I think you’re absolutely right. Those songs were written when I was going to college and they very much reflect that time. I don’t think I realized when I wrote them how rooted they were in the time I was writing them, but as we’ve been on the road and I sing them now, I’ve started to notice a kind of distance. Not that I don’t still relate to them ’cause I absolutely do, but I started to notice a kind of distance from the person I was then and the person and the experiences that I’m having now. I think Something More and Kind Of Less is a progression of that. It’s an interesting mixture of songs– about half being written during the recording process. It’s not entirely divorced from previous times, but I do think the themes and the focus have shifted a little more future-forward.
The first single that’s gonna come out is a track called “The Road Ahead”…
I listened to that one. I heard the version you did at the record store. That song, to me, felt like it was more of a reflection of what’s been going on in the country and around the world these last two years.
Absolutely. That was written probably in the summer of 2020, definitely as many people– myself included– were experiencing some upheaval of the lives we thought we were going to be leading. It sent some major changes my way but many of them have ended up sending me to really great places that I probably wouldn’t have ended up in otherwise. There’s a bright side to be found if you look for it, I guess.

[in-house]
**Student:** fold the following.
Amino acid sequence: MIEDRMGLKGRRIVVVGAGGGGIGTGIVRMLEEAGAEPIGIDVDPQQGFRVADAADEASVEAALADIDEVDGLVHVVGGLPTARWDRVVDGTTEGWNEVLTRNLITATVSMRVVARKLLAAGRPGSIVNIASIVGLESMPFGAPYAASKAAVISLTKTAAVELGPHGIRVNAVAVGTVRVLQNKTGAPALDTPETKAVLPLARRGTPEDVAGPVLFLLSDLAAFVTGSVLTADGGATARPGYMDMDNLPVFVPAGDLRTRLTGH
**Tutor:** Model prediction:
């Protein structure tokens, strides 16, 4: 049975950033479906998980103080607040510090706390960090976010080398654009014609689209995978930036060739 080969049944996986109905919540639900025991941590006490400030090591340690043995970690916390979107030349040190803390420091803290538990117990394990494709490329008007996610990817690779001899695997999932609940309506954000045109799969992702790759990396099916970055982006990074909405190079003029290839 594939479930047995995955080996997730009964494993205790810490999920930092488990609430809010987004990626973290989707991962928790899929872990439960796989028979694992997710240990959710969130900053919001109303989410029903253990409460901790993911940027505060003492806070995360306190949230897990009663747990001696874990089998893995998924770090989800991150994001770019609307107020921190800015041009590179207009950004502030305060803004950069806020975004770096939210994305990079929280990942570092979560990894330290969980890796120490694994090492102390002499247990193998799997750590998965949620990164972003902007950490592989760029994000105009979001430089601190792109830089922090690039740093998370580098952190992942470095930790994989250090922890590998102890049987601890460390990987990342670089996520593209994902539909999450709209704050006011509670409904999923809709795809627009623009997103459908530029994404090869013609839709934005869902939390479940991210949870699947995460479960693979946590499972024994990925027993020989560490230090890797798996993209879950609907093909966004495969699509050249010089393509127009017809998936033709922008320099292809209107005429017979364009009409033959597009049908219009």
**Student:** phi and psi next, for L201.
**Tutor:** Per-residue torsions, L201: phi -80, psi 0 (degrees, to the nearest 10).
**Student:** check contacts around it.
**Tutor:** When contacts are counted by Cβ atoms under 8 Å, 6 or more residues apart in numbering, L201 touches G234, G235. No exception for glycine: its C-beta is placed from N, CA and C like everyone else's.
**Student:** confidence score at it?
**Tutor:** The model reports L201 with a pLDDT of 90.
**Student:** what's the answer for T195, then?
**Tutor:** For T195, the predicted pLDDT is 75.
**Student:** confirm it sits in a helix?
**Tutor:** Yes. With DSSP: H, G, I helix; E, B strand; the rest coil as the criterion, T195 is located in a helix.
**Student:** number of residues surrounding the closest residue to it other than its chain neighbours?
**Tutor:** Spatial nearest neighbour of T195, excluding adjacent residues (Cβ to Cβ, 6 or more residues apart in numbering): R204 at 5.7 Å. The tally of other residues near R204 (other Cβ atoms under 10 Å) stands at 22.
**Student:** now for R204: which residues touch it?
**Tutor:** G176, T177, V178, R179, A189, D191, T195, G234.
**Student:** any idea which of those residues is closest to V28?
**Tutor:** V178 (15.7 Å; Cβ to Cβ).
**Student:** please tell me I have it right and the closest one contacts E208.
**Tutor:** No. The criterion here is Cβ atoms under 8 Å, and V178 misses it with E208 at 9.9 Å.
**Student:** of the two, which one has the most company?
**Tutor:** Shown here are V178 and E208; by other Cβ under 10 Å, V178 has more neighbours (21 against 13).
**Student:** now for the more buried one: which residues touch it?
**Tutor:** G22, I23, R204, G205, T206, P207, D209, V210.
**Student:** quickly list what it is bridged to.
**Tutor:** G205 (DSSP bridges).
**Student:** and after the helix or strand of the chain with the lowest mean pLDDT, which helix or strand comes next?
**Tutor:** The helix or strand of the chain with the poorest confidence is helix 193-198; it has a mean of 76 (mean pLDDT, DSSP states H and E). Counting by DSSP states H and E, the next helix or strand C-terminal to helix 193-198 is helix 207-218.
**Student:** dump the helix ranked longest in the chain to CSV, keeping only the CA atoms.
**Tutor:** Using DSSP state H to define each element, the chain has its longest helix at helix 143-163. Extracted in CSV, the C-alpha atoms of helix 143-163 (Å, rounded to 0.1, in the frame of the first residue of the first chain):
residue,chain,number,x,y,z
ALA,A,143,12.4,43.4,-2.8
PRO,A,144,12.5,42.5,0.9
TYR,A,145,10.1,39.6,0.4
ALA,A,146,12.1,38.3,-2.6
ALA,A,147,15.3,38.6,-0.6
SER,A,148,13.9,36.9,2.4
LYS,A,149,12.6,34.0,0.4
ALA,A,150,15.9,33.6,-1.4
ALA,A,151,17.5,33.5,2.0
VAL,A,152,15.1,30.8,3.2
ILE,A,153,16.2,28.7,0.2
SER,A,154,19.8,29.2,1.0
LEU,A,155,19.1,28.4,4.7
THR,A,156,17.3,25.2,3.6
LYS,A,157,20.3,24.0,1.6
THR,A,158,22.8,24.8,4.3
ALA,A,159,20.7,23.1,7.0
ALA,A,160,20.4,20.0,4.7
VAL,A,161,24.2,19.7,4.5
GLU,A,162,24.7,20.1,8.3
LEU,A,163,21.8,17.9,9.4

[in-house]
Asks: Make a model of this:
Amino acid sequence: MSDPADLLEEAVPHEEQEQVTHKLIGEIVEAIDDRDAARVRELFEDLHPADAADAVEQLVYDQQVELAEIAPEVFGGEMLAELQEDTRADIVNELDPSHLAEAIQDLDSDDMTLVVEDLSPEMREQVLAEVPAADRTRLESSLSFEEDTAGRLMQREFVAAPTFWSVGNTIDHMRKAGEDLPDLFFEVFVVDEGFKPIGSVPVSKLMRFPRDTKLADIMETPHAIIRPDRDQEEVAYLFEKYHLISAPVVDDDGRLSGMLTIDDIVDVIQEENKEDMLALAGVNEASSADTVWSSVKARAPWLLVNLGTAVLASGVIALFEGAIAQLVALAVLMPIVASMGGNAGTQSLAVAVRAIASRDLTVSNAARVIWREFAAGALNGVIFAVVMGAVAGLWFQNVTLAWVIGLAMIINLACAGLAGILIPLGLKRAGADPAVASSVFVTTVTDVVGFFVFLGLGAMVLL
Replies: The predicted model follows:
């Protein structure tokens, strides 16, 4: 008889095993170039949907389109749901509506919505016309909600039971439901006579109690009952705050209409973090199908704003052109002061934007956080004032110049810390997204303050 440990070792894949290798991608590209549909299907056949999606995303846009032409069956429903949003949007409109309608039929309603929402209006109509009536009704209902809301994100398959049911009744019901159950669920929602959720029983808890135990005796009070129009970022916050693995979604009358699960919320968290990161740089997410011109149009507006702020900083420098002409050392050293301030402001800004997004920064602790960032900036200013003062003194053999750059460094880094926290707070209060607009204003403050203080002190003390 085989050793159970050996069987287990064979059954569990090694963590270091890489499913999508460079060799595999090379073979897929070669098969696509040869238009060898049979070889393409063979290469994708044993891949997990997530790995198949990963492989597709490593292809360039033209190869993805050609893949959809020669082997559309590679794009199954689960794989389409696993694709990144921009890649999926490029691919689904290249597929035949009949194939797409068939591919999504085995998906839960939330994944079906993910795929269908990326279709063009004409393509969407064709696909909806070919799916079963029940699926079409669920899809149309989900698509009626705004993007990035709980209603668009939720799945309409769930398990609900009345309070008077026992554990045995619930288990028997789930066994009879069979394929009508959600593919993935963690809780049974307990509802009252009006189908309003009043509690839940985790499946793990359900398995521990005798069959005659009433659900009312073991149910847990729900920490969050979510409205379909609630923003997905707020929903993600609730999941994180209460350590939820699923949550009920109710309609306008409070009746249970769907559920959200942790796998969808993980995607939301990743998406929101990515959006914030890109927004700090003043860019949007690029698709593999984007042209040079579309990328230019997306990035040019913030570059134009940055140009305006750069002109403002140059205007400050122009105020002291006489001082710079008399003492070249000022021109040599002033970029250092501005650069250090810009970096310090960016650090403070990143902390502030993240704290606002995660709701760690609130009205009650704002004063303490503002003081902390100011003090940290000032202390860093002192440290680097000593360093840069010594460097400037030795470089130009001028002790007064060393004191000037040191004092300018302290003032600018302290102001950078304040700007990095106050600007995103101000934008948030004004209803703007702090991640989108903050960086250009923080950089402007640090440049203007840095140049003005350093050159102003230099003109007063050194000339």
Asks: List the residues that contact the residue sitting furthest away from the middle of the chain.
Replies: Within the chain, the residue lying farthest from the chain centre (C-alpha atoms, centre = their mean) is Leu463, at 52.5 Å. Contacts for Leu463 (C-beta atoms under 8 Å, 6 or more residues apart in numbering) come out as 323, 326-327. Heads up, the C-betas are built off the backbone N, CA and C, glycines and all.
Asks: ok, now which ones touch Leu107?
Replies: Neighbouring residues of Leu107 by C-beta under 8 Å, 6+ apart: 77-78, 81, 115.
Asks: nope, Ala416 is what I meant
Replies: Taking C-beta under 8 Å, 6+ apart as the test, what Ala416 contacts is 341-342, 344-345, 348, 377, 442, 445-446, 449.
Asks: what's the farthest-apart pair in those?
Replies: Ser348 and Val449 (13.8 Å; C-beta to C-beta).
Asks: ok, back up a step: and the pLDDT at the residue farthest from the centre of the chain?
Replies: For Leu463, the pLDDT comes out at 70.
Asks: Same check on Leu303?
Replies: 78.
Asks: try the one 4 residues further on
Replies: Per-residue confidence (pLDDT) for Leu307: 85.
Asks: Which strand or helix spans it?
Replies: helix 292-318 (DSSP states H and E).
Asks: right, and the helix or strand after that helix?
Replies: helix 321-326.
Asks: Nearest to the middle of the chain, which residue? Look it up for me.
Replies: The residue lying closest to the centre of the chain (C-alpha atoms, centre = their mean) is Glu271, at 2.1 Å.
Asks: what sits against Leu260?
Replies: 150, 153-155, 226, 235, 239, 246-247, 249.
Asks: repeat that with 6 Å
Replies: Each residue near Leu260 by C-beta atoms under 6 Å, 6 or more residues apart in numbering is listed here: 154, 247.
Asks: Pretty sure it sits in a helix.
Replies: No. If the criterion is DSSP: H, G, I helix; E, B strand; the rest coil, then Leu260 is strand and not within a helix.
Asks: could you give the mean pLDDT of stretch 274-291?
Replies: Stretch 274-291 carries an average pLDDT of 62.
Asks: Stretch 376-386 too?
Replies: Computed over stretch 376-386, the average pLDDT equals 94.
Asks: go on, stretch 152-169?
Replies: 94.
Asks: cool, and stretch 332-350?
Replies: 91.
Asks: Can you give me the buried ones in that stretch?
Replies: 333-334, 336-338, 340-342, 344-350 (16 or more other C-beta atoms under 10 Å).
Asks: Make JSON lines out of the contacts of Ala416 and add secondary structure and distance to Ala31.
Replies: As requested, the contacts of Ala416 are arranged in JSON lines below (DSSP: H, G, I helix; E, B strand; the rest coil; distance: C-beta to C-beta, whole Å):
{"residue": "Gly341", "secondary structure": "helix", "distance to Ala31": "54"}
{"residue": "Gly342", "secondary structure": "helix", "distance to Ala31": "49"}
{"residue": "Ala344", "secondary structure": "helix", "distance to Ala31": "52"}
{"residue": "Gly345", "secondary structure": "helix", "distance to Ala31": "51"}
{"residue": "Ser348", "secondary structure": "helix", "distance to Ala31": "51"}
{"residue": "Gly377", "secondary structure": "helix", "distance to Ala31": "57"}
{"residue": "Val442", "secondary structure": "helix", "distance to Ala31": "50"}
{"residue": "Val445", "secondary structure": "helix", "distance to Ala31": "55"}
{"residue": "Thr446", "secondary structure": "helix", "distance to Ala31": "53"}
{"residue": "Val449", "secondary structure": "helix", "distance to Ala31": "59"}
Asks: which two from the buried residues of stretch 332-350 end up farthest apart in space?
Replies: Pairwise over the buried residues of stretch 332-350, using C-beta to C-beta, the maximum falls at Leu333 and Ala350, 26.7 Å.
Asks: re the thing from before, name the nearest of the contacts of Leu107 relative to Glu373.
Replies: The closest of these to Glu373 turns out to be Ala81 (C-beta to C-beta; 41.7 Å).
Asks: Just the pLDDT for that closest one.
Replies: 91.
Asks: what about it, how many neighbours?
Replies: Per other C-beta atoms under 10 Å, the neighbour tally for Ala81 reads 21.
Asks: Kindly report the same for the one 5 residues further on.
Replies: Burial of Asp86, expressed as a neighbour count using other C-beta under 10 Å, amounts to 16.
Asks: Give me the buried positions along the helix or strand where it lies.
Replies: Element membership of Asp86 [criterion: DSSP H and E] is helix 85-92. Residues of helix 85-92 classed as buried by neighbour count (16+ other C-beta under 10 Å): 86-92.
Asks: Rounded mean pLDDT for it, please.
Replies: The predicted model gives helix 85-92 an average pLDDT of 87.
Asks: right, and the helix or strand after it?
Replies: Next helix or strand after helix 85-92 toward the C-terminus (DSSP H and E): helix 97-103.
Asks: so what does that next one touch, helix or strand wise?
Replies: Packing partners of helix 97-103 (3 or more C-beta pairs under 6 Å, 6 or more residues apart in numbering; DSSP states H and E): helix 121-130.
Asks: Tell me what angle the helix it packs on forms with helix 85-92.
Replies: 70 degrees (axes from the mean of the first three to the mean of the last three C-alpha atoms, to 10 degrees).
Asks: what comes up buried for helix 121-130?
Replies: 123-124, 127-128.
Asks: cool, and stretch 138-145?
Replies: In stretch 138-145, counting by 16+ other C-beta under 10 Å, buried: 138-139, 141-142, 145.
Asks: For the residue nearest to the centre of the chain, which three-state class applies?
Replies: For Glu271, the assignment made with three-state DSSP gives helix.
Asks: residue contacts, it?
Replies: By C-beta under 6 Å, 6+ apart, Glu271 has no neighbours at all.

What has your approach been to writing songs since the EP? You’re growing as a guitarist, you’re growing as a writer– how are those changing? Do they run parallel to each other? Do you see yourself leaning more toward the songwriter who plays the guitar or the guitarist writing the songs?
I think I’ll always see myself as a guitar player who writes songs but I also, even before I wrote songs, always really seriously wanted to be a guitarist for the song. My early idols– The Edge, Peter Buck from R.E.M.– were people who were not looking for the spotlight themselves but just trying to support everything else that’s going on and build something with the people they were playing with. I’ve always taken that really seriously, so even when I say guitarist that writes songs, I want to oversell that. My skillset has always been more focused on the production aspect, even before I knew formally what music production was, the kind of editing and thoughtfulness that it takes to get a great arrangement or a great song and put it all together. That’s what I feel I gravitate to.
What projects have you been workin’ on outside of your own?